Three Titans

Three Titans

Three Titans

Three Titans

Excerpt

Anyone, who has ever seen the "Fettered Slaves" in the Louvre, or the Prophets in the corners of the Sistine ceiling, will be reminded of their Promethean emotions when he listens to the Ninth Symphony or one of Beethoven's last quartettes. The fire infused by Michael Angelo into the attitude of Moses has its analogue in the rebellious mood of the "Egmont" overture, and the melancholy of the earthbound form sobs from many a great Adagio of Beethoven's.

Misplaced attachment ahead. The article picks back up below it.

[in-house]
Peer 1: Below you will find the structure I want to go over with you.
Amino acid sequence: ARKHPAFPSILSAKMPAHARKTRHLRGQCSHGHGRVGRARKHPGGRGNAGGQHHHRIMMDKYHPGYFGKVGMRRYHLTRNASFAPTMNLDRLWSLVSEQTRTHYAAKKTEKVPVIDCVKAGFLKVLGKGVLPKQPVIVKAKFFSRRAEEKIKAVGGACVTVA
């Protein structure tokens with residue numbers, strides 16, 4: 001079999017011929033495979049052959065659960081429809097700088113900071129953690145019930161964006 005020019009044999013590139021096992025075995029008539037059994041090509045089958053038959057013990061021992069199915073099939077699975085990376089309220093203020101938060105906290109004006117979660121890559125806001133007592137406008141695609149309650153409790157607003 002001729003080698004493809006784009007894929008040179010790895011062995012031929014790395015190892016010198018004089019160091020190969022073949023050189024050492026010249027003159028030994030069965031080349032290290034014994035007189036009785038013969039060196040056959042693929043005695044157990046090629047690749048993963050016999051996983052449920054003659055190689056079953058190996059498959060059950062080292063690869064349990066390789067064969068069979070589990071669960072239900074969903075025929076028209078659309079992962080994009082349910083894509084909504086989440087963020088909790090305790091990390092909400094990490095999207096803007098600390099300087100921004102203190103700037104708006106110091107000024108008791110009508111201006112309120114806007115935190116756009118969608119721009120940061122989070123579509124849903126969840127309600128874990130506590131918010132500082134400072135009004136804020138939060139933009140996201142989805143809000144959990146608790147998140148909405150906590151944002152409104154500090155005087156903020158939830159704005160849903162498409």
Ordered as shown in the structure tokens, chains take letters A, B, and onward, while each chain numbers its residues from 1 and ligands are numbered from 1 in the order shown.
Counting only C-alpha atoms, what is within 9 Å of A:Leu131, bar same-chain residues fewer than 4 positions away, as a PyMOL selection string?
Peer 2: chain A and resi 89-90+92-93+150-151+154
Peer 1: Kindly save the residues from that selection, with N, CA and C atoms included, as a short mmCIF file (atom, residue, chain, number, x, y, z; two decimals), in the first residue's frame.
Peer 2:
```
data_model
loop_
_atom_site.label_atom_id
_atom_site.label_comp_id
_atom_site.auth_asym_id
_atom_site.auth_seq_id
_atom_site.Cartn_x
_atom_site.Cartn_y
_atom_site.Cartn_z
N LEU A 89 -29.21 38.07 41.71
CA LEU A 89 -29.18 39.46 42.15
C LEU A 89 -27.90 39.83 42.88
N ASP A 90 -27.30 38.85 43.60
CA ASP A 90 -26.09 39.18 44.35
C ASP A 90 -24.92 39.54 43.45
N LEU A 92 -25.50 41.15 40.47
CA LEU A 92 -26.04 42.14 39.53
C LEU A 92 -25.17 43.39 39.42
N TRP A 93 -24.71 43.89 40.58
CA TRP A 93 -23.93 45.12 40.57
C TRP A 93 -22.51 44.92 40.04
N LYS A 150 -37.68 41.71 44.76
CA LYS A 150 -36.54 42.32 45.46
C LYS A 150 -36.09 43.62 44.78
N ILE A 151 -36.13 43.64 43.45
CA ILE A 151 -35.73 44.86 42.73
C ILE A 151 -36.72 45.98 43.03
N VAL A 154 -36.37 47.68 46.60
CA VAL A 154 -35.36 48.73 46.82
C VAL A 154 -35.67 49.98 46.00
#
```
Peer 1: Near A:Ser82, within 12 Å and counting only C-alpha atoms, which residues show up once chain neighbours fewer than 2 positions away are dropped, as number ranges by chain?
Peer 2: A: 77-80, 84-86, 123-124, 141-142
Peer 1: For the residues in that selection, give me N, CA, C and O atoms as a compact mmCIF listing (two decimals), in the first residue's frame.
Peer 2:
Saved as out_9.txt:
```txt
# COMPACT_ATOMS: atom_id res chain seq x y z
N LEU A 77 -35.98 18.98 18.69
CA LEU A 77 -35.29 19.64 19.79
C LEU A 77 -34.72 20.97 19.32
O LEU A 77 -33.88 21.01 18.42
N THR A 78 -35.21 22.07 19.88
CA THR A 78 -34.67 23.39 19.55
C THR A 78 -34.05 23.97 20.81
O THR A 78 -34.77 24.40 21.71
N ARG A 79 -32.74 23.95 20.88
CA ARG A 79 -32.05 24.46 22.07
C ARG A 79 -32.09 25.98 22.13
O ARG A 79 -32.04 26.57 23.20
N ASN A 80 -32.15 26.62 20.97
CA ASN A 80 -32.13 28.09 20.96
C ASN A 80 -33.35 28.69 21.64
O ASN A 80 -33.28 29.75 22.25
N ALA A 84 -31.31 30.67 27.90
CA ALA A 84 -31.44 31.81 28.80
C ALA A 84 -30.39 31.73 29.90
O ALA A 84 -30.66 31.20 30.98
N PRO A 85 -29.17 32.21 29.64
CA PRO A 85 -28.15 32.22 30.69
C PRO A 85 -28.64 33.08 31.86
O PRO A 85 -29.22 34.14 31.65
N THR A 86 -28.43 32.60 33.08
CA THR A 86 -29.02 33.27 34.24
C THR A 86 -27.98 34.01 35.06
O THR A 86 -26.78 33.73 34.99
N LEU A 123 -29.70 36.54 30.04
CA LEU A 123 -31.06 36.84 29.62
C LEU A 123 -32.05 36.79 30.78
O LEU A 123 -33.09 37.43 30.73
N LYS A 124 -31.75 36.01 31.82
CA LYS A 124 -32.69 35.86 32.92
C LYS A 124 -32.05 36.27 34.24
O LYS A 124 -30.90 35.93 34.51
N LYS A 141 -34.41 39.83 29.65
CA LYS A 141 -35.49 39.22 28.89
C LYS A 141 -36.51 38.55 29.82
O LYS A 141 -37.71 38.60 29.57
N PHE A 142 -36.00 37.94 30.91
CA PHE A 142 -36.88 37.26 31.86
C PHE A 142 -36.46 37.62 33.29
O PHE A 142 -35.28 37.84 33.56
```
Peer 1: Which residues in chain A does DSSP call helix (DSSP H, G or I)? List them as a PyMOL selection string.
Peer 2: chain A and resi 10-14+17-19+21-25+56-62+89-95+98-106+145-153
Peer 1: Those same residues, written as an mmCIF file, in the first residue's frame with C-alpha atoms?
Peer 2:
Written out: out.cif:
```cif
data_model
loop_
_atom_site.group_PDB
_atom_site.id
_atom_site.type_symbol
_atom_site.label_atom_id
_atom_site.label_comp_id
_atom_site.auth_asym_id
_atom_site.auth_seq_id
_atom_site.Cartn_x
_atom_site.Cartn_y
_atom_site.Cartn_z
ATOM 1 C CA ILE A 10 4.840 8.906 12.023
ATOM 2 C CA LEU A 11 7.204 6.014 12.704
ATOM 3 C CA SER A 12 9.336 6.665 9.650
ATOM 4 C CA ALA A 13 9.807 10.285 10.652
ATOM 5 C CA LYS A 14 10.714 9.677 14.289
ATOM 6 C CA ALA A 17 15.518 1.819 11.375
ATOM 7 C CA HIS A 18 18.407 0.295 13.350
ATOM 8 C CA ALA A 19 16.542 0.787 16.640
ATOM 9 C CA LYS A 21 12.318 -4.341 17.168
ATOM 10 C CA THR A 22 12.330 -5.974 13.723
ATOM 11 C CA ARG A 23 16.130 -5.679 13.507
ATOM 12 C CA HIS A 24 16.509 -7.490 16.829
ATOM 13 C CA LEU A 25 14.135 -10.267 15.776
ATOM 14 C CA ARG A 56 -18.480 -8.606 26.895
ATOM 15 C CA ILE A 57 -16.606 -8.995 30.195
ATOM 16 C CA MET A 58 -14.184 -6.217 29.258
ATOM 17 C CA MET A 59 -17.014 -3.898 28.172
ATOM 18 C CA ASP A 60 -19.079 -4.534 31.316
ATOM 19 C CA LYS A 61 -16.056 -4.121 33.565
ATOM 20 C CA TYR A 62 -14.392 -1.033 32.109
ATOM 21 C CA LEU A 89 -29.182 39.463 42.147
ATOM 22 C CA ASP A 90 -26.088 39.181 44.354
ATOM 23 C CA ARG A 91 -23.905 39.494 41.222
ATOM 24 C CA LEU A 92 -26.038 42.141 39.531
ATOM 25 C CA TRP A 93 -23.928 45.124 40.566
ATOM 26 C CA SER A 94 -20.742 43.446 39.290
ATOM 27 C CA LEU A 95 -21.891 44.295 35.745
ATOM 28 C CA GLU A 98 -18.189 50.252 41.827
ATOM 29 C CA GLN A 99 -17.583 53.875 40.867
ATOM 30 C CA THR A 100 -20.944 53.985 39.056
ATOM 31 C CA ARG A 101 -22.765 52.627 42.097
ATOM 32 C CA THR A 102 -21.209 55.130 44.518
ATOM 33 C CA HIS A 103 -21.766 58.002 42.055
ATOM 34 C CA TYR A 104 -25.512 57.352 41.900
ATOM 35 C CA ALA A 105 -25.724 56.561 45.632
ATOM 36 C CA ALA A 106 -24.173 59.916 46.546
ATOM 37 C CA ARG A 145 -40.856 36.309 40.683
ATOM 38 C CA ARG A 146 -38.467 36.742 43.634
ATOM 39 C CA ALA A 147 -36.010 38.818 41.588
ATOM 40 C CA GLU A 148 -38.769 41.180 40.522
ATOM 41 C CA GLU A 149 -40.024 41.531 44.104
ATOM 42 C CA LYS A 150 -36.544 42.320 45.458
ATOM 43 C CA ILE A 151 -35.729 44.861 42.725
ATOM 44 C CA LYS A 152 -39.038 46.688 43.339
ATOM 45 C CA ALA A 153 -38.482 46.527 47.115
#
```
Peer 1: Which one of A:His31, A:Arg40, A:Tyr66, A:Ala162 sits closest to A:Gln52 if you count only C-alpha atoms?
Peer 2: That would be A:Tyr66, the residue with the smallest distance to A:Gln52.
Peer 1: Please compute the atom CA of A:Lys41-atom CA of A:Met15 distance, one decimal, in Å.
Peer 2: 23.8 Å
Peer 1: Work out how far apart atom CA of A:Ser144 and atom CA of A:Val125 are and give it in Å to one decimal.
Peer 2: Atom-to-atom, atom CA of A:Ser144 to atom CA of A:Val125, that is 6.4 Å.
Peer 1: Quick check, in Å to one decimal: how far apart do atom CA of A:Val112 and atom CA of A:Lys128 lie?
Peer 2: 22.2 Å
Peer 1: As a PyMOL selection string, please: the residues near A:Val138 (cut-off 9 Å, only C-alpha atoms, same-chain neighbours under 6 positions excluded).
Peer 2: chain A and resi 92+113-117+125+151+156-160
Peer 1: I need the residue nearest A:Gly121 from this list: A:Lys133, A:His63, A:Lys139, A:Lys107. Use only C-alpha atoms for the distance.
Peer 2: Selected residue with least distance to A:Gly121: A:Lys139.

A second path leads us from Beethoven to Rembrandt. The half-light flickering through certain passages in the later symphonies, the conflict between shadow and light which is to be perceived in the trios and sonatas of his middle period, formed Rembrandt's fundamental problem. And if the classical Michael Angelo assuredly differs from the naturalistic Rembrandt, the Florentine's lyric from the Dutchman's epic vein; no less assuredly are the two connected by and through Beethoven. In the last analysis the art of all three has yet another kinship, for each in his old age did--if not entirely abandon, at any rate alter and well-nigh repudiate his own method; the veteran Beethoven relaxed his chosen laws of rigorous construction, melodic phrasing, even of definitely appointed limi-

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